Theo Czuk Shows The Start of Jazz in Detroit with ‘The Black Bottom’

The Black Bottom is the latest full-length release from Oregon based singer/songwriter, novelist, and poet Theo Czuk. The dozen songs, subtitled Cultivating Jazz: The Full Measure, definitely delves deep into the genre’s lexicon and makes a great show of pouring old wine into shining new bottles. Despite the indie nature of the recording, it is a spectacularly polished release with warm production and an ear towards balance that distinguishes it from similar near DIY efforts.


Czuk is clearly a talented performer and musical presence, but his writing chops are equally honed and result in intensely human material  Even listeners unfamiliar or typically not admirers of jazz will find much to enjoy with these songs and the artistic coherence underlying the collection as a whole makes it an impressive release by any measure. Theo Czuk’s The Black Bottom is as fully realized as it gets in any form.


This is apparent from the first song alone. “The Black Bottom” is the album’s title song and leading off with it denotes a certain confidence in Czuk’s presentation born out by later tunes. It has a marvelous bass line with great interplay with the drumming and their exchange provides a sturdy foundation for some restrained, yet very inventive keyboard playing streaking over the top.


“Cold Corridors” is the album’s first track with vocals and lyrics – it’s a doozy. Czuk’s rough-hewn yarn recalls film noir and gritty urban realism in such a way that you finish the track every bit convinced that he’s a more than effective novelist. His “eye” for significant detail is outstanding. The production is, arguably, at its most “affected” for the song, but it never gets over as pretentious self-indulgence but, instead, embellishes the lyrics quite effectively. “Let It Swing” is a musical clinic of sorts, but it’s an equal amount of fun for the listener to hear the obvious relish Czuk takes in working alongside such top notch musicians.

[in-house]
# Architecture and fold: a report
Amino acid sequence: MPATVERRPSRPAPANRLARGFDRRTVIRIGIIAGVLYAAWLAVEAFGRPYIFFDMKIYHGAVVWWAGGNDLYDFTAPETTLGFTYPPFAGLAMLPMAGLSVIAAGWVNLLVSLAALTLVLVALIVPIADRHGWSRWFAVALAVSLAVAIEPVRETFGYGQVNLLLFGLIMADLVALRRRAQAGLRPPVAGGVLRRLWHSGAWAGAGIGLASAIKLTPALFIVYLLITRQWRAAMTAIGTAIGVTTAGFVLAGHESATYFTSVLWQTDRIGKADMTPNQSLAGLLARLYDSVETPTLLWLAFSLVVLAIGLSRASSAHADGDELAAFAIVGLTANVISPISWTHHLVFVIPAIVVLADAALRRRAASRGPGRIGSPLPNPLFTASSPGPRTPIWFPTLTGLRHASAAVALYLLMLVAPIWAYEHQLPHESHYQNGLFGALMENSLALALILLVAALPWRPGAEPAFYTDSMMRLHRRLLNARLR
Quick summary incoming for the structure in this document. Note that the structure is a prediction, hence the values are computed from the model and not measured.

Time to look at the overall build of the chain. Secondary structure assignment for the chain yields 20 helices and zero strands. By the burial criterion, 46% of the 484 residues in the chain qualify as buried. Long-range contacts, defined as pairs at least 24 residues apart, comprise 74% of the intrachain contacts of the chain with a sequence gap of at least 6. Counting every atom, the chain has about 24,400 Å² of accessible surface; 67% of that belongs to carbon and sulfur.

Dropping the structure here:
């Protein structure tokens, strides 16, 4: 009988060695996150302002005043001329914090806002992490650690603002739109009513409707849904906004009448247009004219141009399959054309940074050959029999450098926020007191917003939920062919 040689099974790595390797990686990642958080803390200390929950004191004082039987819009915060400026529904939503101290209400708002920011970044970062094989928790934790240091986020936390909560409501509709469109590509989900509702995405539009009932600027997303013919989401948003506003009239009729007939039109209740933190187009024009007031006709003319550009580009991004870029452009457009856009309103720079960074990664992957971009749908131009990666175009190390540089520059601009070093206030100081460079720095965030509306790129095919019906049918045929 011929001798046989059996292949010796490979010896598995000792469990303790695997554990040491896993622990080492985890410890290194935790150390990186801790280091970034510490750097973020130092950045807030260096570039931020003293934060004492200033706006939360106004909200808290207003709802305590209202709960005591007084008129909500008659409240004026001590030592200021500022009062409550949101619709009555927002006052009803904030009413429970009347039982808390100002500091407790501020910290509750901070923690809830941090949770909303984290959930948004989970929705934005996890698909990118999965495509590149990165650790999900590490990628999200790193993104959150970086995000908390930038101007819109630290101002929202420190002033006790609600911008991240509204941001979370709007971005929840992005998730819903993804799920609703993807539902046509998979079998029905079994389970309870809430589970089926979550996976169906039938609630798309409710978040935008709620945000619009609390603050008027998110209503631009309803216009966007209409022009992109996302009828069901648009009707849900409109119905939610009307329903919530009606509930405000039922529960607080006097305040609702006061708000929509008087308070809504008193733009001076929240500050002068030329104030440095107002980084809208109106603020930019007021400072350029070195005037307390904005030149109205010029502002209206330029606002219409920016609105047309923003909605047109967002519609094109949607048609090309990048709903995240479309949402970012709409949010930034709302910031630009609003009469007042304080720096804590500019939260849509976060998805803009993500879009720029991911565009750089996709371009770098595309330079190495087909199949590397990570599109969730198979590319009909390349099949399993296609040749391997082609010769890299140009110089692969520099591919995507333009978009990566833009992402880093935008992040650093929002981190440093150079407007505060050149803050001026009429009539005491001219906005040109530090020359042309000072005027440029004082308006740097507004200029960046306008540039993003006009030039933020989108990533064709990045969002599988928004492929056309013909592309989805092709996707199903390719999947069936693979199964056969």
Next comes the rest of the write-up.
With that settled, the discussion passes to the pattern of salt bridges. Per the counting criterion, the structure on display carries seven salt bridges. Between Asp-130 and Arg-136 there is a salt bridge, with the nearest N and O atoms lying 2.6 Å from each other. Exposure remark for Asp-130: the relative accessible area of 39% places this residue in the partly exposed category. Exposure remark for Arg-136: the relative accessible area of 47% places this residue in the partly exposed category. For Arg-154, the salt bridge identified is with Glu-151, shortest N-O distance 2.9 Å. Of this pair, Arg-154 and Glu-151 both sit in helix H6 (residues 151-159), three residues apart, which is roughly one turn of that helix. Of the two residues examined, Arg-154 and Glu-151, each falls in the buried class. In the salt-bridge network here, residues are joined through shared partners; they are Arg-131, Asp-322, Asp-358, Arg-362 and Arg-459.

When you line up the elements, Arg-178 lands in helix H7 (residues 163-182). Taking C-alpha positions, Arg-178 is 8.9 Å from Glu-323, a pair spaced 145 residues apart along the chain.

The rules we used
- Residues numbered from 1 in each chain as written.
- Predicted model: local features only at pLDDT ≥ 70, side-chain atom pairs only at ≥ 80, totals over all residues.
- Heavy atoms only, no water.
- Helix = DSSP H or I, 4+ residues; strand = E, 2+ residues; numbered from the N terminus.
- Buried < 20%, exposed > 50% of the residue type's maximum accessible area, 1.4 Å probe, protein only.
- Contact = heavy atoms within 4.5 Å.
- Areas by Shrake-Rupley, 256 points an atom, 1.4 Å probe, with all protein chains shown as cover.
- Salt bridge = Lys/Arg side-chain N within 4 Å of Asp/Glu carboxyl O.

Theo Czuk Brings Us Back To Classic Style Jazz


“Mi Casa Bossa” is one of the absolute best instrumental numbers on The Black Bottom and the Latin flavor is never overplayed or lapses into cliché. It’s another notable factor in this release how the songs confine themselves to manageable lengths while still encompassing vast musical worlds and “Mi Casa Bossa” is a prime example of that aesthetic in action. “Lunch Wagon on Highway 57” has Theo Czuk at his most literary setting a Kenneth Patchen poem to music with great imagination.


“Good Night’s Sleep” bristles with a surprising amount of attitude while still maintaining a stylish slant characteristic of the album as a whole. “Catalina Eddy” will definitely entertain many with its off-kilter musicality and the ample humor he incorporates into the performance. There’s something in this album for everyone and Theo Czuk’s The Black Bottom rates as this talented artist’s finest effort yet. It concludes the year on an eminently sophisticated note while remaining genuine the entire time.


You can hear the record on NAPSTER. (I didn’t even know they were around anymore, lol!) 


    -review by Shannon Cowden

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